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Arrests Made Following Rhino Poaching Incident in Liwonde National Park

8 augustus 2017, 09:00
© Mike Dexter
© Mike Dexter
African Parks regrets to announce that on the 13th of July 2017 an adult female black rhino was poached in Liwonde National Park. On discovering the carcass, a joint operation was immediately undertaken by African Parks, the Department of National Parks and Wildlife’s (DNPW) Wildlife Crime Investigations Unit and the Central Investigations Unit of the Malawi Police, with support from the Lilongwe Wildlife Trust and IFAW, leading to the successful arrests of the suspects involved.
The poached rhino was located by members of the park’s dedicated rhino monitoring team that are employed to constantly track the rhino population in Liwonde. Upon receiving the notification of the incident from the team, park management immediately initiated a follow-up to recover the horns which had been removed from the carcass. Following initial leads, a helicopter was dispatched with a ranger team, and with information provided from the park’s intelligence unit they located the horns at a shop near the town of Ntaja to the east of Liwonde National Park. The team secured the scene, and the Malawi Police from Ntaja were called in to arrange a search warrant for the abandoned shop. The operation uncovered the set of horns in a deep freezer and the identity of the shop owner was confirmed, initiating a search for the suspect and further investigations.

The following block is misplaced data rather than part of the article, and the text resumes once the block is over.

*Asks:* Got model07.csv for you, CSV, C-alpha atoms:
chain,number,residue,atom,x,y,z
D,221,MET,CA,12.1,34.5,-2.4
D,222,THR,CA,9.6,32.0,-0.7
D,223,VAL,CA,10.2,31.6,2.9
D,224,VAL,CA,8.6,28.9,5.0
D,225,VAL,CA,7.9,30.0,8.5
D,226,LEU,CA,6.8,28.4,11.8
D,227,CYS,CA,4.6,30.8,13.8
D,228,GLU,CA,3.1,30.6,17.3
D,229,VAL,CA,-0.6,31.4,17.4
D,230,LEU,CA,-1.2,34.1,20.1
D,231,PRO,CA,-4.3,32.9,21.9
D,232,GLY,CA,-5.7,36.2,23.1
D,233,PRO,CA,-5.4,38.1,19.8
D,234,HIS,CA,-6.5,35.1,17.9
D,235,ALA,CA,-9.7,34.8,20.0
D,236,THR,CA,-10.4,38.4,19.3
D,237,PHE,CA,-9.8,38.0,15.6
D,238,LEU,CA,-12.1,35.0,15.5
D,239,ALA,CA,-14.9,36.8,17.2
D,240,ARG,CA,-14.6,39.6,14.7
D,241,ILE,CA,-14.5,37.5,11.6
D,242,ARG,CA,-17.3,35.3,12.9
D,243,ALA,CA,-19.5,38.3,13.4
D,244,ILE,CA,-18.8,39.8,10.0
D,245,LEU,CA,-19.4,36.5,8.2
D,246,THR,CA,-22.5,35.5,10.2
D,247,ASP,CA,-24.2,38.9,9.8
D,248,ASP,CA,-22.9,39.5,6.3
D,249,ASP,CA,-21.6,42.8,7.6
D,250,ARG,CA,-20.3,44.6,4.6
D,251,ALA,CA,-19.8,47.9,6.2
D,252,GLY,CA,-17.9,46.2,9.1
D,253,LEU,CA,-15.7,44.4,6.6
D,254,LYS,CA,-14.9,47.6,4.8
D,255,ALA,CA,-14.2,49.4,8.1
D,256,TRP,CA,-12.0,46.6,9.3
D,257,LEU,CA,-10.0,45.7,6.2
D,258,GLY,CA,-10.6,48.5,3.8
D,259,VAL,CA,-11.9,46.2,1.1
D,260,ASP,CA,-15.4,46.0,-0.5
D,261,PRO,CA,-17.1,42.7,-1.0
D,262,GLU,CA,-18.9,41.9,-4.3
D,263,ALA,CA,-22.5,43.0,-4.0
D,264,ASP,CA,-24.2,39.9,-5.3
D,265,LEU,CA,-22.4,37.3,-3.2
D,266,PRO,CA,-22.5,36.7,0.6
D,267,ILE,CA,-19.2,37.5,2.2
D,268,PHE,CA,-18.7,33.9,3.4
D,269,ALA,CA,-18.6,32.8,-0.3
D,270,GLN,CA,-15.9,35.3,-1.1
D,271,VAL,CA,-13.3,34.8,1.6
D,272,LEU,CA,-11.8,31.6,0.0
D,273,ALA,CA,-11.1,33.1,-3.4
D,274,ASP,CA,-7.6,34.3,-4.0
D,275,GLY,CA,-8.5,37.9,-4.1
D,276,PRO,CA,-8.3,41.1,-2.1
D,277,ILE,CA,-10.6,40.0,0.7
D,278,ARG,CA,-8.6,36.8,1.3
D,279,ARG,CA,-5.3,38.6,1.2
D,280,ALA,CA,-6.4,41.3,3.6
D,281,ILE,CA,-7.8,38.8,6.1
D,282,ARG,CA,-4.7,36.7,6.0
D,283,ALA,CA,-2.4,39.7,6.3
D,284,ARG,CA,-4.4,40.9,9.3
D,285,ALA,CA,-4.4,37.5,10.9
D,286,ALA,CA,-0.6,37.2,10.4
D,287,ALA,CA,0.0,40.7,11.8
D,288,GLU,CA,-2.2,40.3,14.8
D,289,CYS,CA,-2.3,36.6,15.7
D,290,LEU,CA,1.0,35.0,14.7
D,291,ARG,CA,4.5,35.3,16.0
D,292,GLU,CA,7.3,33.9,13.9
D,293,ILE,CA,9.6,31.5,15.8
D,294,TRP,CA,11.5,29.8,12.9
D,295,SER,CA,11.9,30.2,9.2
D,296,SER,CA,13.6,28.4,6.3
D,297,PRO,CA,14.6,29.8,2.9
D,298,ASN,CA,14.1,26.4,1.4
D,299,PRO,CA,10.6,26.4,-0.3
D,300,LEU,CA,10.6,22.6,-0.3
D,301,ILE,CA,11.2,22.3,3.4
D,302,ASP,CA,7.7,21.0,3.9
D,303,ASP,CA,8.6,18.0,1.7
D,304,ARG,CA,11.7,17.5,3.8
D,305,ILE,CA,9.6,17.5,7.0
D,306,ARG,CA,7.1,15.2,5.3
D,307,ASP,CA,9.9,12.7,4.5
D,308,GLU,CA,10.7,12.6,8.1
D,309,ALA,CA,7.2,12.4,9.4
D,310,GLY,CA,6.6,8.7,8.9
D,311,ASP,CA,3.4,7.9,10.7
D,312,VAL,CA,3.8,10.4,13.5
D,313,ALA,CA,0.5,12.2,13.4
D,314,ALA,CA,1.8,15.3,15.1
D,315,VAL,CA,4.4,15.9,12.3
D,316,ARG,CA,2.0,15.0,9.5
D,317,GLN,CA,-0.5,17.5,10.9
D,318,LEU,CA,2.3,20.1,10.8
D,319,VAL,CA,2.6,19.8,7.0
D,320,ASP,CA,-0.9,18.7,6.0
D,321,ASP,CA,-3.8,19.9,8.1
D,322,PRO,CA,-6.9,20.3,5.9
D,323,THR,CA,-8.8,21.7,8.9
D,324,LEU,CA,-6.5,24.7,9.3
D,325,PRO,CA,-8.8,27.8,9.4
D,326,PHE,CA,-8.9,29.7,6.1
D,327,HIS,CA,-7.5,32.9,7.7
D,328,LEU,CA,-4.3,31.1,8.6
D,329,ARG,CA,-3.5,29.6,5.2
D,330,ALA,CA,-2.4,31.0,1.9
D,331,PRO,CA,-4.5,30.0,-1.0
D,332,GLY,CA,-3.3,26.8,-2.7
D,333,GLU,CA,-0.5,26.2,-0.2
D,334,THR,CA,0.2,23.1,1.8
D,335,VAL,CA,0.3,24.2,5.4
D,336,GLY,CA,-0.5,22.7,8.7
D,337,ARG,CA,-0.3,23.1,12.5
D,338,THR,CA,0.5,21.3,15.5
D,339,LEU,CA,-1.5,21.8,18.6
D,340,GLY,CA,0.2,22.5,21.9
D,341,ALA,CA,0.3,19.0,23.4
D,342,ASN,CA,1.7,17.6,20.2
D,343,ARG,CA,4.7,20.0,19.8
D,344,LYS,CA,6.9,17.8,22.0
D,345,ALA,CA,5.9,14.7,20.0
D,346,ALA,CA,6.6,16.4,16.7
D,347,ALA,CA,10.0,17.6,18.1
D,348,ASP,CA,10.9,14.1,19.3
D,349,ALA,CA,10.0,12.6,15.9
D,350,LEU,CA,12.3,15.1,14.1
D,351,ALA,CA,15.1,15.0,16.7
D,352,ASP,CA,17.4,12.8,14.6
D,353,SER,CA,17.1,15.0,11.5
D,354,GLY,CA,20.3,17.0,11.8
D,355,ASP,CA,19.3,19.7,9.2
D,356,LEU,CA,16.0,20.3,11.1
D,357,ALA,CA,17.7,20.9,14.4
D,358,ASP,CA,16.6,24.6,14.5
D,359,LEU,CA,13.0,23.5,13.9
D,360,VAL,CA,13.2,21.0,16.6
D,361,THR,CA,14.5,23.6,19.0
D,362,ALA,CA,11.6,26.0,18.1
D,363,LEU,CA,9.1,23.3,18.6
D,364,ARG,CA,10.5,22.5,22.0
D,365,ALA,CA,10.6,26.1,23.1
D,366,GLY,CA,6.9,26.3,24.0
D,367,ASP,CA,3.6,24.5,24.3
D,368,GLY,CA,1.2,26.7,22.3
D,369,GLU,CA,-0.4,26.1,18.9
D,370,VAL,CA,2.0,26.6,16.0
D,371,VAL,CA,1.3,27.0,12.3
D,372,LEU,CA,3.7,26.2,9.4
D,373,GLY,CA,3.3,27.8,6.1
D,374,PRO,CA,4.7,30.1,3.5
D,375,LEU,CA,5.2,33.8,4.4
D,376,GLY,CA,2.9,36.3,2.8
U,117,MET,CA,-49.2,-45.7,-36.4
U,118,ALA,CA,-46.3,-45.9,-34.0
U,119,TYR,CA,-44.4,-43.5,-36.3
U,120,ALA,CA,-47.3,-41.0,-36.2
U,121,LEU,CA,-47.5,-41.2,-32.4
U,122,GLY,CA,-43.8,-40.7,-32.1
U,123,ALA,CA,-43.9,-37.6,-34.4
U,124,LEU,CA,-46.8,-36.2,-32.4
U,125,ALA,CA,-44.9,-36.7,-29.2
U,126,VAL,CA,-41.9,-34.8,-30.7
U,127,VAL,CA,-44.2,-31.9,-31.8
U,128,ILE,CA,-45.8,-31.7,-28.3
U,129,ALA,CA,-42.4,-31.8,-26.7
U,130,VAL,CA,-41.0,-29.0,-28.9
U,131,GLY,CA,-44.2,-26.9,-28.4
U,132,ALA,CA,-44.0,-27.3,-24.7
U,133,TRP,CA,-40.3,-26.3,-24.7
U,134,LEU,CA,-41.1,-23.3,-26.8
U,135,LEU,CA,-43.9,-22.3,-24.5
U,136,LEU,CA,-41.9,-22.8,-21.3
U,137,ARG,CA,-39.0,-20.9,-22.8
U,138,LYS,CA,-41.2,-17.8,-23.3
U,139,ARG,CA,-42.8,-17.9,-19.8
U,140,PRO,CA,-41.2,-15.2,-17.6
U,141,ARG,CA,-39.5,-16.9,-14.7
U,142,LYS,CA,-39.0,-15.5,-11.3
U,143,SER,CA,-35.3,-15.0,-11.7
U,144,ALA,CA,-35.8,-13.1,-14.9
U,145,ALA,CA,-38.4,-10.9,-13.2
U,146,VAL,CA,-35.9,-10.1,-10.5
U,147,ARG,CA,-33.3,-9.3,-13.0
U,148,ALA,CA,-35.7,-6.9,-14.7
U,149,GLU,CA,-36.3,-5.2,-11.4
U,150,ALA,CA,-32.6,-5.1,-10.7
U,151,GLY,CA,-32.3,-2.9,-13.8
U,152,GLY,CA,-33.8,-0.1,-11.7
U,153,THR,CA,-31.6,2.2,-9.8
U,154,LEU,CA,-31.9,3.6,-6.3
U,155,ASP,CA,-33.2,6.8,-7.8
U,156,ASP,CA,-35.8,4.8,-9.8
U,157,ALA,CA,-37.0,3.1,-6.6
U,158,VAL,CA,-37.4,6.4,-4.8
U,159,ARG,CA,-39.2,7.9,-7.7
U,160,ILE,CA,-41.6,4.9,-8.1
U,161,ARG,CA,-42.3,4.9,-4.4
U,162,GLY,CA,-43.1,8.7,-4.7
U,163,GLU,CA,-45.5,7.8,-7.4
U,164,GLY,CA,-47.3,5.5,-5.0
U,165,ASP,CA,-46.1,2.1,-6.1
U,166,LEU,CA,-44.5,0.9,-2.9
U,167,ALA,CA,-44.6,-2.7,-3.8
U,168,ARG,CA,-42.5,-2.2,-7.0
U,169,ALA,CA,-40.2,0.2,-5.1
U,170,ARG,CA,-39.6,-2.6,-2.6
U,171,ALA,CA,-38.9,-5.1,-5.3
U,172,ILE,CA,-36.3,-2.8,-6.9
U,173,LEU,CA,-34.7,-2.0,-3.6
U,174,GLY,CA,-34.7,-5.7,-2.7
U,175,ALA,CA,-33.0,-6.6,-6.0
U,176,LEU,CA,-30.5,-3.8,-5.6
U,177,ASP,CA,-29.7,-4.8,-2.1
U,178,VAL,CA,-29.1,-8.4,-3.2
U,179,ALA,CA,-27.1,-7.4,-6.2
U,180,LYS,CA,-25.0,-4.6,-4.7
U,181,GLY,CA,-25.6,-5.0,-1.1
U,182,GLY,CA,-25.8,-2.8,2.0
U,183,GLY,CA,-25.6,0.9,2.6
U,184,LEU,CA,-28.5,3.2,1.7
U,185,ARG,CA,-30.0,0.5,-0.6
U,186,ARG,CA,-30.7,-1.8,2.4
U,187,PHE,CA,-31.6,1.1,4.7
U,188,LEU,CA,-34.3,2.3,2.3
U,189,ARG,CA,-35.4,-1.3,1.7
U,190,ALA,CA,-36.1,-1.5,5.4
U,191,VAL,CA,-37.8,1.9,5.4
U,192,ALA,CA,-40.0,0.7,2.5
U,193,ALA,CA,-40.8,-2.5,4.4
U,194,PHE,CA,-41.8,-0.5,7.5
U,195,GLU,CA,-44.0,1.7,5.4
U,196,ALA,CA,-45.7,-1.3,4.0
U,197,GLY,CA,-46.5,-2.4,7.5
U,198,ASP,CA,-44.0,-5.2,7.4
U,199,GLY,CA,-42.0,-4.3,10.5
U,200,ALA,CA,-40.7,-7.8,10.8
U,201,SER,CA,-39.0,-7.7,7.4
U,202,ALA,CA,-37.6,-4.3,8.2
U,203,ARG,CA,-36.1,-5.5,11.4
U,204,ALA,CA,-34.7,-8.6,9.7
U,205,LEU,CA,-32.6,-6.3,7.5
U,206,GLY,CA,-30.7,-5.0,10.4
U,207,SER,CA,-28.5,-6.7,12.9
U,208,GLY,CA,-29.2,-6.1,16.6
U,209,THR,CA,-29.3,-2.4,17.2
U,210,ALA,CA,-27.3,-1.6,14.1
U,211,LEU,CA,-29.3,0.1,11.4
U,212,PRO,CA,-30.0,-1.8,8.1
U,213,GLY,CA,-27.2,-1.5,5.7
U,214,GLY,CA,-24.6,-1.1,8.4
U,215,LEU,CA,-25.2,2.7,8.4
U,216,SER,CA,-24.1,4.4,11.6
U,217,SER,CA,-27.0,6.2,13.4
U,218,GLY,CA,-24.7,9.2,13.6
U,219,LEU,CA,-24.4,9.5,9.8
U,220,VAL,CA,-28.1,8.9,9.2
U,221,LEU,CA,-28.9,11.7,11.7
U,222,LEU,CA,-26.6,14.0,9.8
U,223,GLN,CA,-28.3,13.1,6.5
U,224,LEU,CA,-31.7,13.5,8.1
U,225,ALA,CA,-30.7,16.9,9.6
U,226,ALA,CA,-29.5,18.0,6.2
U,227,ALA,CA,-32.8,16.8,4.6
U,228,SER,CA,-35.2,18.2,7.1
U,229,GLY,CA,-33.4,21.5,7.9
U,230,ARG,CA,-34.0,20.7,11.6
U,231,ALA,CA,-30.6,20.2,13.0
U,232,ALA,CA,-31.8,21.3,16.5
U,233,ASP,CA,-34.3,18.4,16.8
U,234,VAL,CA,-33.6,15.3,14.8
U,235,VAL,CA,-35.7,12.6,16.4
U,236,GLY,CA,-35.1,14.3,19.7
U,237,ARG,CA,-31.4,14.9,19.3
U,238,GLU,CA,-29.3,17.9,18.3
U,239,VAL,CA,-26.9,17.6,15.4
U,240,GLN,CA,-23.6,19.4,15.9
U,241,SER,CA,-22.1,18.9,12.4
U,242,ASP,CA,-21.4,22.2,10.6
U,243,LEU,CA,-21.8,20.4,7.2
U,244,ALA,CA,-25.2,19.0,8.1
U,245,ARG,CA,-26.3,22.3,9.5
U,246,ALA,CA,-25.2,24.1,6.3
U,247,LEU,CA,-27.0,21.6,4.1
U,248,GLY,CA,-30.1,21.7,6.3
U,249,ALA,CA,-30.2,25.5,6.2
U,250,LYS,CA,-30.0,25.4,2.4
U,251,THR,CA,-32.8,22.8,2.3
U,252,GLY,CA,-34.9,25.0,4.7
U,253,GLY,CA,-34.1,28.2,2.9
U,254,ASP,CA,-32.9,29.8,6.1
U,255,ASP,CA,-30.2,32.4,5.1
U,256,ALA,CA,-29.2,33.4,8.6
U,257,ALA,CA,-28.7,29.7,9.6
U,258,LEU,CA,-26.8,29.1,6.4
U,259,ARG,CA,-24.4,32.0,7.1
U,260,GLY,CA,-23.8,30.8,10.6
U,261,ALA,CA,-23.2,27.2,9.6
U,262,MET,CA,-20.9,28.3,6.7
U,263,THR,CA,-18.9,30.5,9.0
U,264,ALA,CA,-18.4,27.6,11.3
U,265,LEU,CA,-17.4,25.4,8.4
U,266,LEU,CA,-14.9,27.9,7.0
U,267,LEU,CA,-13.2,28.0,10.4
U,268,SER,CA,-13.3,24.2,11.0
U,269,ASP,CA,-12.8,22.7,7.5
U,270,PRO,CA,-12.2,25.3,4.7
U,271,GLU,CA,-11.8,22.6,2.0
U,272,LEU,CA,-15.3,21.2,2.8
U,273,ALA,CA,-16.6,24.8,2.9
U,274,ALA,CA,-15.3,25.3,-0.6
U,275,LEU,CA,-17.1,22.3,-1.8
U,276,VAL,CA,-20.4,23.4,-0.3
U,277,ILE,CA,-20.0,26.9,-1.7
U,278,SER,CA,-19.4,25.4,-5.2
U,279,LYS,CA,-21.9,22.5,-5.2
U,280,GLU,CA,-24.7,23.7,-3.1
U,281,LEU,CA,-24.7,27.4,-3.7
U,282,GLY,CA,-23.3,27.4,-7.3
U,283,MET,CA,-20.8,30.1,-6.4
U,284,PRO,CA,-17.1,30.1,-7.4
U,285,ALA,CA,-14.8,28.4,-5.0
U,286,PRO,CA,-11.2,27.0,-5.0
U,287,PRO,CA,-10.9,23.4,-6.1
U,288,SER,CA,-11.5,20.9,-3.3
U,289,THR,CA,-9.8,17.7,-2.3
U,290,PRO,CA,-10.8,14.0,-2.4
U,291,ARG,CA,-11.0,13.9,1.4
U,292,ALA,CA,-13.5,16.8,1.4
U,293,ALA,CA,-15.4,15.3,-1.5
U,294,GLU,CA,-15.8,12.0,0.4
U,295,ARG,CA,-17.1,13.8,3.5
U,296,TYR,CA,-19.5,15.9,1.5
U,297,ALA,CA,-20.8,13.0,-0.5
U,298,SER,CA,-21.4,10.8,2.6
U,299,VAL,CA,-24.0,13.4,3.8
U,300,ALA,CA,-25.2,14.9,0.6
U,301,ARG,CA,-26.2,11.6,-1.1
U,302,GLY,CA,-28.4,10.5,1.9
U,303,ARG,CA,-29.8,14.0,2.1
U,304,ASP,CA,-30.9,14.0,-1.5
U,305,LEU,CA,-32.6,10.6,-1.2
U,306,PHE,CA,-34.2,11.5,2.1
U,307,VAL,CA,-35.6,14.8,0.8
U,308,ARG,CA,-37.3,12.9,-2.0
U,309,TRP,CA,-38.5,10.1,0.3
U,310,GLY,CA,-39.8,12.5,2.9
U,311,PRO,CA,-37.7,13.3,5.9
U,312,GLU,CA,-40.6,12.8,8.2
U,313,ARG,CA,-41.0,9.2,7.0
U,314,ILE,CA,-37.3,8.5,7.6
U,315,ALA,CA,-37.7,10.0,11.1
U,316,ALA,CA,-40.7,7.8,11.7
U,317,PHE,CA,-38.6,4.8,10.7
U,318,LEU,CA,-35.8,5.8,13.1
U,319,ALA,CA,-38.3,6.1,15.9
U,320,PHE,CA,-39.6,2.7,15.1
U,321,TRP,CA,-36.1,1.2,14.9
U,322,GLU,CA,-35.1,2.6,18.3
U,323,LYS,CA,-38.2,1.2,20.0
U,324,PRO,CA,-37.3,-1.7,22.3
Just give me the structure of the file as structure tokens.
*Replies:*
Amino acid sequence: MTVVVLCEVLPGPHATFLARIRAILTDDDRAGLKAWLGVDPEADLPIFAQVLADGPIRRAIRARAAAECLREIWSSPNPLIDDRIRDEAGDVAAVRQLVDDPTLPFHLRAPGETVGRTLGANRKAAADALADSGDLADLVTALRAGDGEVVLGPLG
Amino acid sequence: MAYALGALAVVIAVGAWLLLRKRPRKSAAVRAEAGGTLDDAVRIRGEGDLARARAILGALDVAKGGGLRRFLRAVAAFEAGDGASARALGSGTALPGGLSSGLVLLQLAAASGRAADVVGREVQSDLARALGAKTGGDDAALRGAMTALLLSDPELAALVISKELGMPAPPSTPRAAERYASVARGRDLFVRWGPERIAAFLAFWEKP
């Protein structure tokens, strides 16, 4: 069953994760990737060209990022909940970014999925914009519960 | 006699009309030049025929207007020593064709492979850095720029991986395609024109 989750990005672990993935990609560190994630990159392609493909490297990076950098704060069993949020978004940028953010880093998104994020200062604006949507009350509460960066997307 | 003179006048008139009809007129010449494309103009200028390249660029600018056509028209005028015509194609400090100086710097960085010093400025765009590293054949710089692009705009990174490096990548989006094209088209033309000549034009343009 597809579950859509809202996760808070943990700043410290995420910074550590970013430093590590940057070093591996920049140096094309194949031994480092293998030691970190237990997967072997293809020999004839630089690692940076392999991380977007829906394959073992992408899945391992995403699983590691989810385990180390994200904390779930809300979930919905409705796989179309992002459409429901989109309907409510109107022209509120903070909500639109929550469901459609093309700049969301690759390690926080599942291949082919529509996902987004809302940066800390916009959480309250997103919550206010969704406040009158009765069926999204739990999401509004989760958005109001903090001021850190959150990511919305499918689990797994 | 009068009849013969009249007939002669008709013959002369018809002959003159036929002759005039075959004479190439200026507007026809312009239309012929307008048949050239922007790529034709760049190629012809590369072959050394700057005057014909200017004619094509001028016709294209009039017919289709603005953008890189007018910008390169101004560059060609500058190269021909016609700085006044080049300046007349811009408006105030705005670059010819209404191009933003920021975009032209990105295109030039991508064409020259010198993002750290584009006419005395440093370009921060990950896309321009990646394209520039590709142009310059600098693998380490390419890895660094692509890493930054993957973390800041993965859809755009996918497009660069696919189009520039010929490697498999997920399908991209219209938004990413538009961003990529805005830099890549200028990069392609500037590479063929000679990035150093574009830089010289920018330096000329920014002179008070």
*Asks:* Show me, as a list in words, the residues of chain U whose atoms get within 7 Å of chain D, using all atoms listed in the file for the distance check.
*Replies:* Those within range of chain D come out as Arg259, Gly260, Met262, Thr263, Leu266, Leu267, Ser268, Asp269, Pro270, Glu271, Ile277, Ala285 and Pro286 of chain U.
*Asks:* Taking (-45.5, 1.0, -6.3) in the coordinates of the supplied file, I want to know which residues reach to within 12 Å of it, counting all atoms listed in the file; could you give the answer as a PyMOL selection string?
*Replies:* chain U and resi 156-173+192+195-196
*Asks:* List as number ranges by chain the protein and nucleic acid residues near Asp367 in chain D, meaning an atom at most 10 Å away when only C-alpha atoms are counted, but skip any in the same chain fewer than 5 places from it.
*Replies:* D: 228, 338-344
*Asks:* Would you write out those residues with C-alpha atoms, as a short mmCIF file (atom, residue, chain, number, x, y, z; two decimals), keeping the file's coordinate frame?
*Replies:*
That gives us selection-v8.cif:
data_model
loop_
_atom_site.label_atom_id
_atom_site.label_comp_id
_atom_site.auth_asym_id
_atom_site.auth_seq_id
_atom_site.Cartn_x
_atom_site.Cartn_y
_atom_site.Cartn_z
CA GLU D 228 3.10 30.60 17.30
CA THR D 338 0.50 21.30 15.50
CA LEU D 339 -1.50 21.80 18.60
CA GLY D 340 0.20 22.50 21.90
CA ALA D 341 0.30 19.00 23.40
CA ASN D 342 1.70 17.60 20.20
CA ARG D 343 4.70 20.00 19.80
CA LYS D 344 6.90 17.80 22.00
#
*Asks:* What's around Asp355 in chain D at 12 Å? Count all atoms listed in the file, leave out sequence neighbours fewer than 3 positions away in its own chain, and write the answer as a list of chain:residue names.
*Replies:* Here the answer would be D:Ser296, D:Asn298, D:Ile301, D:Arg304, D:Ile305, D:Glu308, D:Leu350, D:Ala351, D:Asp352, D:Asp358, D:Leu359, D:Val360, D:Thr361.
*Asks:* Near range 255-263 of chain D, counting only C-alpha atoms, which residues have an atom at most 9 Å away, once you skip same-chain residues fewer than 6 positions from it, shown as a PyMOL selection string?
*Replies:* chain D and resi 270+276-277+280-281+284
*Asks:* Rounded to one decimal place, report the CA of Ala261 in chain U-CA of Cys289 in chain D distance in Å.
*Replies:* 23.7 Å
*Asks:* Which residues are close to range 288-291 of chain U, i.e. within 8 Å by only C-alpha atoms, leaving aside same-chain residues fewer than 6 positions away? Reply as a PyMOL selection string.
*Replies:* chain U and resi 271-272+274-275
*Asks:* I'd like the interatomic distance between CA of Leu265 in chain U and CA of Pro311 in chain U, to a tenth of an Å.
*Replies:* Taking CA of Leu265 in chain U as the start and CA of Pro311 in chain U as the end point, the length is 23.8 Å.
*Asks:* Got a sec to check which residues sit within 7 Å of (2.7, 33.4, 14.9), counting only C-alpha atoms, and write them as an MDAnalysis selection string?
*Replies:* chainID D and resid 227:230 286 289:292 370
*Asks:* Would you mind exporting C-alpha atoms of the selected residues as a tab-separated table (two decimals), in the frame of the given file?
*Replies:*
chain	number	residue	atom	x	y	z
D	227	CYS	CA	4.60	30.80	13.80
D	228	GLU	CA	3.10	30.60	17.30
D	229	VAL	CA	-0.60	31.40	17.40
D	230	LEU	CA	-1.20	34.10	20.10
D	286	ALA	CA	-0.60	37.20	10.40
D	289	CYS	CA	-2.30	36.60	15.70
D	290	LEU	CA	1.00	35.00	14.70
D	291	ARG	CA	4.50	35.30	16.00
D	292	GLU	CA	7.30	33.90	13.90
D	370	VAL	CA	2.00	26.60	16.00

In the ensuing operation the shop owner, a member of the group who poached the rhino, and several other accomplices were arrested. The rifle used in the incident and 25 rounds of ammunition were also recovered. Investigations are continuing and several other suspects are expected to be arrested in connection with the case. The suspects arrested thus far have been charged in terms of Malawi’s Wildlife Act, which was recently revised and substantially strengthened. It is anticipated that the Judiciary will respond in support of the Malawi Government’s firm position on wildlife crime. The roll-out of the court case will be followed with interest through the Lilongwe Wildlife Trust’s Judicial Advocacy and Enforcement Programme.
This was a joint operation between African Parks, the Department of National Parks and Wildlife’s Wildlife Crime Investigations Unit and the Central Investigations Unit of the Malawi Police. Support for the investigations was provided by African Parks and Lilongwe Wildlife Trust. The rapid response is testament to the effectiveness of Liwonde National Park’s law enforcement team which has improved dramatically over the past two years since African Parks assumed its management in 2015 in partnership with the DNPW, with significant investments in training, equipment and high level technology; all aimed at bringing an end to wildlife crime in the area.
“Collaborations with all of the role players involved enabled this success, and criminals targeting wildlife should be aware of the strength of the force which they are now engaging with.” said Liwonde National Park Manager Craig Reid.
Black Rhino are a critically endangered species and the loss of this female in prime breeding condition is a blow to Malawi’s conservation efforts. 
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